Companies have limited resources, and shareholders
must still be considered even as other stakeholders
are being satisfied. Growing more socially responsible
at the cost of profitability can spell trouble for a
business.
Companies must not let CSR efforts distract from their
underlying mission. The goal is to find social issues
that support and align with the companys interests
and purpose, whether its a neighbourhood restaurant
choosing locally produced agriculture or a global
clothing manufacturer promoting workplace safety
regulations in the developing world.

Pros,
Cons
and
scope
for
improvement ofCorporate Social
ResponsibilityCSR clause- As per the
Companies Act, 2012
The recently passed Companies Bill,
2012
has
a
separate
clause
onCSRwhich makes it mandatory for
certain specific companies to spend
2% of the average net profit made in
preceding
3
financial
years
onCorporate Social Responsibility.
The 2%CSRprovision will have ripple

FOLLOWING ARE ITS


PROS
:
Mahatma Gandhi once
said, Industry
should consider
themselves as trustee and servants of the poor. CSR, as
a concept, upholds Gandhijis views. (Pro-Gandhian)
CSRis very popular in countries like Japan, South Korea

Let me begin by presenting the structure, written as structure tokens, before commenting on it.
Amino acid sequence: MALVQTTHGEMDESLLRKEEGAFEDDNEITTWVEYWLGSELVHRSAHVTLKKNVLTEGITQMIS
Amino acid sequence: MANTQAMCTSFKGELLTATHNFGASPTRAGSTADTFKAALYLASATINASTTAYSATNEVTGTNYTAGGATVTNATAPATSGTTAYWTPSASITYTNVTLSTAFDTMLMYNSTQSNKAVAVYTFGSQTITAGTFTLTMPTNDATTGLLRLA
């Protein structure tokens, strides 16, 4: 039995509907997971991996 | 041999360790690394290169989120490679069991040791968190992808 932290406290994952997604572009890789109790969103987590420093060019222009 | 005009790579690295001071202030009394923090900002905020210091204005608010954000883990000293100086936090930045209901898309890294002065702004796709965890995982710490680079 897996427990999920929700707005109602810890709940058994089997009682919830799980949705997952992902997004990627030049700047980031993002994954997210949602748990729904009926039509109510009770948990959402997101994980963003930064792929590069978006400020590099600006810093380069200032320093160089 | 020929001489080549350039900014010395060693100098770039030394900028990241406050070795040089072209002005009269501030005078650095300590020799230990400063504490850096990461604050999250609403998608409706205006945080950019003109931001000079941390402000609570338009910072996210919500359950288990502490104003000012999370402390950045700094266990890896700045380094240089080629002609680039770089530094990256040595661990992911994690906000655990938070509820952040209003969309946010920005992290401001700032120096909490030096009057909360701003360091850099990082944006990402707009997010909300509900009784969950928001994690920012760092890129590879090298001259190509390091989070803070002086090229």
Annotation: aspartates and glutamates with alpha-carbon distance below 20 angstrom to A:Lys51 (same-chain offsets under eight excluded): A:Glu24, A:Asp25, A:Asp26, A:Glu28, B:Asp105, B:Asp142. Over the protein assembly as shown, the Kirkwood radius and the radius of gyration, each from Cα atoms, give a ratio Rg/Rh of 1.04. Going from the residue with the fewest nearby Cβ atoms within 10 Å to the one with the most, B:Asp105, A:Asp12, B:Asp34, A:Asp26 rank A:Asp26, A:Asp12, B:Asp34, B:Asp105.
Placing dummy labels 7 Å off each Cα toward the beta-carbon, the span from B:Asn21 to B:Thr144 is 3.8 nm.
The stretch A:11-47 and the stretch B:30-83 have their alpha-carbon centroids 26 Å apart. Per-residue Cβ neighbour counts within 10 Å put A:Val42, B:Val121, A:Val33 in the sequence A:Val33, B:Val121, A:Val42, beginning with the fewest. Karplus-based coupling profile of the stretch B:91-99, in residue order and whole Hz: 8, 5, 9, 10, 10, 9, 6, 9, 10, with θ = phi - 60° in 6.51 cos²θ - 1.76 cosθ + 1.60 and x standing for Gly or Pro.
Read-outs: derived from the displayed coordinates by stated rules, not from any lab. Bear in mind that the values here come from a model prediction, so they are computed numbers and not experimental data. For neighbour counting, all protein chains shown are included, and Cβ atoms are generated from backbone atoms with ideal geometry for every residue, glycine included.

and growing economies like Brazil where companies are
actively involved in various activities to demonstrate
themselves as socially responsible corporate citizens.
(Widely accepted)
Indiabecame the first country to makeCSRmandatory,
which would help shaping communities and improving
the national economy. (India- first country)
Huge scope for the corporate sector to contribute to
employment, health, education and poverty.

Enhances the possibility of cooperation between business,


society and government. (Cooperation)
Enhances the competitiveness of the company, while
simultaneously advancing economic and social well-being
in the communities, thereby increasing the long term
sustainability of the company. (Competitiveness)
If a company does not conduct its ownCSRit can give the
required amount to the governments socio-economic
welfare programs such as Prime Ministers National Relief
Fund. (Diversion of funds)
With the 2%CSRprovision there will be an immediate
doubling of social program money inIndiai.e. additional $5
billion poured into social welfare sector. (More money)